The Indian government has made it its mission to ensure that at the local level of India there is financial, technical and entrepreneurial strength. To pursue this mission, the “One district, one product” program was set up, the aim of which was to provide the necessary support for agricultural products. The idea was to provide infrastructure, marketing and financial strength to unique products in each district for effective monetization.
In the wake of these initiatives, the Government of India has now announced the One Nation One Fertilizer Policy (ONOP), which is expected to come into effect from October 2, 2022. Among many other practical and logistical reasons identified, one The main objectives of this program are to standardize fertilizer brands in the country by removing the control of urea and, within this, crop nutrients such as urea, diammonium phosphate and muriate of potash should be sold under one BHARAT brand, regardless of details. from the manufacturer. This scheme only applies to fertilizers that fall under the subsidy mechanism. The BHARAT brand will also be accompanied by the logo of the grant program offered by the government. Farmers are currently sourcing fertilizer from vendors of their choice, regardless of the physical location of the vendor, which has led to an increase in the cost of freight as the government identifies urea as a commodity with little power differentiation between sellers’ products. When the products of all sellers have a similar brand, farmers will not have to resort to these cross-border purchases, which will lead to a substantial reduction in the transport subsidy. All bags of urea must have a barcode and a fertilizer company would only be eligible for a subsidy if the product is sold by scanning the barcode. This is to ensure efficient tracking of products across state borders and, therefore, to have a transparent procurement process.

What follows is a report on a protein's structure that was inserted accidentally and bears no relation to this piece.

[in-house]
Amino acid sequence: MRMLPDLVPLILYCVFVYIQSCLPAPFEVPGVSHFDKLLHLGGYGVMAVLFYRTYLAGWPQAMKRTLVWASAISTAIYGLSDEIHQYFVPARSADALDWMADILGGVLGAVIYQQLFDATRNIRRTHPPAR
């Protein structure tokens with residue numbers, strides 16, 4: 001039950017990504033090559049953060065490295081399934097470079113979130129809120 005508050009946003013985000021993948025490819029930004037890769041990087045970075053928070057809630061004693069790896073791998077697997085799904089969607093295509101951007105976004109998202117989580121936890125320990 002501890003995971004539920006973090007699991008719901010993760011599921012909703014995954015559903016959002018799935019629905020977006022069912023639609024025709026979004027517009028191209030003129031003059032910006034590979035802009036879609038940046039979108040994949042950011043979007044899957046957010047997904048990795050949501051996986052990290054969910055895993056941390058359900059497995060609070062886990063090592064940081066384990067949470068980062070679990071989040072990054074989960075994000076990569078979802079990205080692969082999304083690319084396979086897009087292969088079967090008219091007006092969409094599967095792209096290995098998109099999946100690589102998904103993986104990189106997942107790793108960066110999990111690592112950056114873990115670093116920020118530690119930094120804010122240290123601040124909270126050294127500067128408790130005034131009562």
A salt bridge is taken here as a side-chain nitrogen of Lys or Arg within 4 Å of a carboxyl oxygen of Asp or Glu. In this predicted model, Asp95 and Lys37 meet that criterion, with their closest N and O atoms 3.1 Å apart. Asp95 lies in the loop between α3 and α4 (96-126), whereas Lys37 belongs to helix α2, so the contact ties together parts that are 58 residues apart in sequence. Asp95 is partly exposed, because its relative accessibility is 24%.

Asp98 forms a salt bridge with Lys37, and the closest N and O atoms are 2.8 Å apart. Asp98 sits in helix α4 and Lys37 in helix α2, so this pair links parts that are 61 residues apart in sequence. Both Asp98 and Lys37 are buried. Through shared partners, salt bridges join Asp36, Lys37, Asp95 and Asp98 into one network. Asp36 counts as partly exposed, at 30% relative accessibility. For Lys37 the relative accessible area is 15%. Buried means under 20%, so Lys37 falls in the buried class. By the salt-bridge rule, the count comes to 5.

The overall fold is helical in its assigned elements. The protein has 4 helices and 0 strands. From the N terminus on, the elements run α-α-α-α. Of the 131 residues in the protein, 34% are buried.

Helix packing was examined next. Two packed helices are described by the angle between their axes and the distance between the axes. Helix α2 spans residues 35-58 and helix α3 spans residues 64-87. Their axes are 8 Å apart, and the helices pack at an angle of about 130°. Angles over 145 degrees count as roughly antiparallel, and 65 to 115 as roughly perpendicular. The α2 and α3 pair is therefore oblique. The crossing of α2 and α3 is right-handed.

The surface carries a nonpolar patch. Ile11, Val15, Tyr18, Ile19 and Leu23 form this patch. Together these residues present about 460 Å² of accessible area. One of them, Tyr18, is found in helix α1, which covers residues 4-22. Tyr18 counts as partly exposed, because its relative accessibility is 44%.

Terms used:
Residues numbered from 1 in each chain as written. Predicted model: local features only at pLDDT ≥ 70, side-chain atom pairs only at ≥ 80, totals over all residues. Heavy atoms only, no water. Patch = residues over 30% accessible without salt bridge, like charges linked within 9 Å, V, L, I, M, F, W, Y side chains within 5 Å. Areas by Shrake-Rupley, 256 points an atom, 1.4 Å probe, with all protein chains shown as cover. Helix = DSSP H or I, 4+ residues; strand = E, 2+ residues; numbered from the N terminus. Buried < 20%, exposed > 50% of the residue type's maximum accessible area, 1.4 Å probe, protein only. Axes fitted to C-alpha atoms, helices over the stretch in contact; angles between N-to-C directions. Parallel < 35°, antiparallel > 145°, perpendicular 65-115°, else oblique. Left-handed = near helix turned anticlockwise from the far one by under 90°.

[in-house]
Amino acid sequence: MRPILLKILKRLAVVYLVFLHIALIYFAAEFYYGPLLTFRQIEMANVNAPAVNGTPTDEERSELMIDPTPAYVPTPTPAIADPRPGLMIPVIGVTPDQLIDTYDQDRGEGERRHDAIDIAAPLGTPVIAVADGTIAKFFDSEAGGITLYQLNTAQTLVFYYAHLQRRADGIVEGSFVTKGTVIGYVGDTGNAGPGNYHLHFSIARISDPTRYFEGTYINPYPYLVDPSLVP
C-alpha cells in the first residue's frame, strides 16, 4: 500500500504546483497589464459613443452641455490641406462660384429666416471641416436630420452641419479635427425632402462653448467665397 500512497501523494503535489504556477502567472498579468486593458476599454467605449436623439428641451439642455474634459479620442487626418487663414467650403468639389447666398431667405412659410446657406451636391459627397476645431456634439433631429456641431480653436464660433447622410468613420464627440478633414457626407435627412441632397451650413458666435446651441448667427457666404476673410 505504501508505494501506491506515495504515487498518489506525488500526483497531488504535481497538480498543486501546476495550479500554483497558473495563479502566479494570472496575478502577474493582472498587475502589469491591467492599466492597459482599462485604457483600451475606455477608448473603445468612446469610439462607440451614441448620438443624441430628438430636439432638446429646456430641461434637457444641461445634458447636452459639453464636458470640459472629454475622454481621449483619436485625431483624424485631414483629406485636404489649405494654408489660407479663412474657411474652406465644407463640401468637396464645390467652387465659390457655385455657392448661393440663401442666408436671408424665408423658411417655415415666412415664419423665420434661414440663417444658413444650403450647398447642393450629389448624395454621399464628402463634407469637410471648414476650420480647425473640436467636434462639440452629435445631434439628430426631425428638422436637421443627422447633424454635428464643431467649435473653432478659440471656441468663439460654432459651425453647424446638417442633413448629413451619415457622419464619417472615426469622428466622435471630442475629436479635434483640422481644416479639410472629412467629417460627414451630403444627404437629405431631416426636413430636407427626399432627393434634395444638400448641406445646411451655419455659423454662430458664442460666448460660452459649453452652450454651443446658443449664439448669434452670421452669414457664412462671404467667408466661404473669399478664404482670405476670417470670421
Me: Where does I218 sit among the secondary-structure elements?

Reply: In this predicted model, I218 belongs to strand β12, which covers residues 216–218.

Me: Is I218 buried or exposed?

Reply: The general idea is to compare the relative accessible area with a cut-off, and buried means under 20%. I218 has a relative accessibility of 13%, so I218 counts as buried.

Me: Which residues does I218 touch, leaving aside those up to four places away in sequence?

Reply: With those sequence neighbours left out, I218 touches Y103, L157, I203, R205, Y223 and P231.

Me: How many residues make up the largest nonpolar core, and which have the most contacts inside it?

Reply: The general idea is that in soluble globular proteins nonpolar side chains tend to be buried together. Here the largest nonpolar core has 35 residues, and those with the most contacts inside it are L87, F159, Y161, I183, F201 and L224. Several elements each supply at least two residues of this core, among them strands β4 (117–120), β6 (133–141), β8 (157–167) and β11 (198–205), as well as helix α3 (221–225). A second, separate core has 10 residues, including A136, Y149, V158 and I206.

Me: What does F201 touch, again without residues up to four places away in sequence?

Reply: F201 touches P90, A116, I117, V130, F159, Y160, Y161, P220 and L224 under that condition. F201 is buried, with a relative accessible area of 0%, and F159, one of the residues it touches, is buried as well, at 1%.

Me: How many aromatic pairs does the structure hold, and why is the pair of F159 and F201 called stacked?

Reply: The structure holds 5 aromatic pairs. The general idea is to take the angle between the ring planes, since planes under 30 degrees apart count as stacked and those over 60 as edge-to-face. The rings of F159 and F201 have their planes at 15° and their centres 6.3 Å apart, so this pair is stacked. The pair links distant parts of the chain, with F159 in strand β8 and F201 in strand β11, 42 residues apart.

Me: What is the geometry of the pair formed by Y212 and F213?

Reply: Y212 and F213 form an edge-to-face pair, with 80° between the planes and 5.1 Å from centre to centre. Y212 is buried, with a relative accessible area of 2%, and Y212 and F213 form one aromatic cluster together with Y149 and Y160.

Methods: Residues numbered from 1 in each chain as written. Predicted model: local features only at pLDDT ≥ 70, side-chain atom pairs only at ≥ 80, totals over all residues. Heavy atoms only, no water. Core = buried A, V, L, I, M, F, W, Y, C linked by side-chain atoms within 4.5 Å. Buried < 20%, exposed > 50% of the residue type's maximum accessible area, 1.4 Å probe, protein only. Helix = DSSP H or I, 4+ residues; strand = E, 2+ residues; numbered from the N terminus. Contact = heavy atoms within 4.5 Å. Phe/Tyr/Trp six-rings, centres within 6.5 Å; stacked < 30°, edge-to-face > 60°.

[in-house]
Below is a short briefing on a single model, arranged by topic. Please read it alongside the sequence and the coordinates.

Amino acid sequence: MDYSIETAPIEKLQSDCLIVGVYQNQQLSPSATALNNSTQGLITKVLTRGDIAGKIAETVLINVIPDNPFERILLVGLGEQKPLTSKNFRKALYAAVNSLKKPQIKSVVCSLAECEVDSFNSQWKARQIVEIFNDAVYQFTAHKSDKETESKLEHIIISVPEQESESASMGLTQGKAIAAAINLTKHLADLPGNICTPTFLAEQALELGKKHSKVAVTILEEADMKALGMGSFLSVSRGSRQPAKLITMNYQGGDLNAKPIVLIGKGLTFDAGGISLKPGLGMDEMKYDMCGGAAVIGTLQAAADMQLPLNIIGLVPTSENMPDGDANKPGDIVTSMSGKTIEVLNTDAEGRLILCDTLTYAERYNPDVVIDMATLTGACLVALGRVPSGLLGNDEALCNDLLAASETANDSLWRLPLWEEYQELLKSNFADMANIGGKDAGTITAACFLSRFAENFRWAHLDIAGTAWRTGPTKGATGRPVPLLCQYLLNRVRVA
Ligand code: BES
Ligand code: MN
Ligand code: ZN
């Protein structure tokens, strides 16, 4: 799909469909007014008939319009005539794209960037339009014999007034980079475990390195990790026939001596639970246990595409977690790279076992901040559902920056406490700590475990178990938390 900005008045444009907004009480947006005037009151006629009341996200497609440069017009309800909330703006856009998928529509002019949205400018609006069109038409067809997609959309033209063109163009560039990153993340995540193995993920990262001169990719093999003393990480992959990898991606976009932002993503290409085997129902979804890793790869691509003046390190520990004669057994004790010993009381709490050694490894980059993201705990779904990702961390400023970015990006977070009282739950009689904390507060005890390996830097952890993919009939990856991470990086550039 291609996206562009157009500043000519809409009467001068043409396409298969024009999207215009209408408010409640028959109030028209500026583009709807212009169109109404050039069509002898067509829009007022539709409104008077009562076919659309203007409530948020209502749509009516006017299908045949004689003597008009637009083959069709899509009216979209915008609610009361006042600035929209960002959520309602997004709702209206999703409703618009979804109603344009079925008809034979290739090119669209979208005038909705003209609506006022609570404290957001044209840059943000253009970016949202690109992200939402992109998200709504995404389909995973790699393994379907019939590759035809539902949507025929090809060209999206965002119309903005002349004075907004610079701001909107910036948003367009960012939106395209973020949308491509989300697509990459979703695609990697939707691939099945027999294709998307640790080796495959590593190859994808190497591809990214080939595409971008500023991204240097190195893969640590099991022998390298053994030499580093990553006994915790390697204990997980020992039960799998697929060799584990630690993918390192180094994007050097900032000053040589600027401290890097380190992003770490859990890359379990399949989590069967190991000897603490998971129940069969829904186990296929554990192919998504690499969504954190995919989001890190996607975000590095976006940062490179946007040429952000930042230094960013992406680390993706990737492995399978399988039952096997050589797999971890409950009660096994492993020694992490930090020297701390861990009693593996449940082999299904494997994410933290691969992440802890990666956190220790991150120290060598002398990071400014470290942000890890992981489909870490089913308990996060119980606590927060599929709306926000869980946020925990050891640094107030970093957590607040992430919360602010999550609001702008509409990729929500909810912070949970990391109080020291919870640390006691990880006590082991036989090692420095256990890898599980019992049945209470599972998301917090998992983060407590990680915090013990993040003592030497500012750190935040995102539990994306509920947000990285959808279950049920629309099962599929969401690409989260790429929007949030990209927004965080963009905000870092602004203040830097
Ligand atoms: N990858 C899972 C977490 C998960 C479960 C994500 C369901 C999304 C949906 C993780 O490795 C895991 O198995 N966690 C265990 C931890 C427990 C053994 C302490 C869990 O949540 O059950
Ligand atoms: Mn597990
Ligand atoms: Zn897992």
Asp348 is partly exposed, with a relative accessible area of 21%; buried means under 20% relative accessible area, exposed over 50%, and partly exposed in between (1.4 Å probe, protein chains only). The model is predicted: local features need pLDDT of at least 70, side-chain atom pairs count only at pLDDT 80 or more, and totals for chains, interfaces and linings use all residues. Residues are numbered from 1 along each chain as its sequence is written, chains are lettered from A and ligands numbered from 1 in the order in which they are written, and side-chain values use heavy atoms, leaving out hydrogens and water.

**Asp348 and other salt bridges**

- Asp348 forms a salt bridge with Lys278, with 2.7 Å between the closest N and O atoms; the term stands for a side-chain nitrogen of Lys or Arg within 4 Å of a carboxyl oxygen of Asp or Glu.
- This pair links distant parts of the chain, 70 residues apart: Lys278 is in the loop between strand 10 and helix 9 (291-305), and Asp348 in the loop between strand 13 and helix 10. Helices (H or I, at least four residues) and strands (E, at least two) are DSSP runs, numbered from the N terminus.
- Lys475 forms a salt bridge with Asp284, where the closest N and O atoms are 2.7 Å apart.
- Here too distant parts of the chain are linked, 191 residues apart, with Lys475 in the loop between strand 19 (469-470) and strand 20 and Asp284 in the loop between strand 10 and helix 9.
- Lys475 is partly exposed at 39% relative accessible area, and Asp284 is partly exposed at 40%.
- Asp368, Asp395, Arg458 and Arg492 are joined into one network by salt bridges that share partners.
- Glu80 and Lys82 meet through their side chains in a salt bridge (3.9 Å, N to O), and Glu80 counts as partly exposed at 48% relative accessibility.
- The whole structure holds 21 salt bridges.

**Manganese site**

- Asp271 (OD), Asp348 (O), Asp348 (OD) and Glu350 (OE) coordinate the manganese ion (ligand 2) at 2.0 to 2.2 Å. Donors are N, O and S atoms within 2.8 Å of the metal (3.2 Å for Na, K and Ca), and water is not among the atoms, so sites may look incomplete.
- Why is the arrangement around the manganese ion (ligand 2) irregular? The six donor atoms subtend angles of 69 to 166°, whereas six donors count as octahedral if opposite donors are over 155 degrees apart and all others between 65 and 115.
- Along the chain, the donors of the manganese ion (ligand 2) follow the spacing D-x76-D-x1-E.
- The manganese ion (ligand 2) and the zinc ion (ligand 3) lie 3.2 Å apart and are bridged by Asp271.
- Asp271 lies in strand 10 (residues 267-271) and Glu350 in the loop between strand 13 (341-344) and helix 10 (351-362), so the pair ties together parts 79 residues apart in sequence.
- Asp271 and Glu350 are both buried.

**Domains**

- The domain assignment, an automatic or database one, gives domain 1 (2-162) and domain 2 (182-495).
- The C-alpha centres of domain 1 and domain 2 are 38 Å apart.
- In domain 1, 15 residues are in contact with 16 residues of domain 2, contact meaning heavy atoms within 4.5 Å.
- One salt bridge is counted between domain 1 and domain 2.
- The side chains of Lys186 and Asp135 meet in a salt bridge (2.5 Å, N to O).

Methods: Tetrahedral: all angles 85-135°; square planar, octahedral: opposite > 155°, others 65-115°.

The notification also addresses the issue of placement of the brand name, logo and details of the manufacturing company and clarifies that two-thirds of the bag will bear the BHARAT brand and the logo of the grant program and that one-third of space will be available for the company logo and other details to appear on a bag of fertilizer.
This announcement has not received much positive feedback from fertilizer manufacturers as they fear that their brands’ brand identity will be compromised in the process. The agricultural ecosystem in India is unique in that fertilizer companies invest heavily not only in manufacturing but also in specialized training of farmers, conducting surveys, etc. be ready to change after this new diet.
The primary purpose of trademarks is to serve as source markers and differentiators for their owners, and how the mark is used in commerce and its corresponding ingrainment in the minds of consumers solidifies its journey. This new regime therefore raises a unique question with its basis in trademark law on the composite goodwill that manufacturing companies will generate for their own marks when used with the BHARAT mark. Also, in case the quality of the product is sub-par, would such a negative reputation be attributed to the top brand BHARAT mentioned on the bag?
Co-branding has its pros and cons. Co-branding is an extremely effective tool when both brands benefit from each other’s brand equity and, in many cases, opens up the other brand to the former’s customer base. Although a win-win, resolving the issue of dilution remains of paramount importance through such a co-branding journey, which will be the litmus test for the success of this initiative. co-branding.
This article was first published on MONDAQ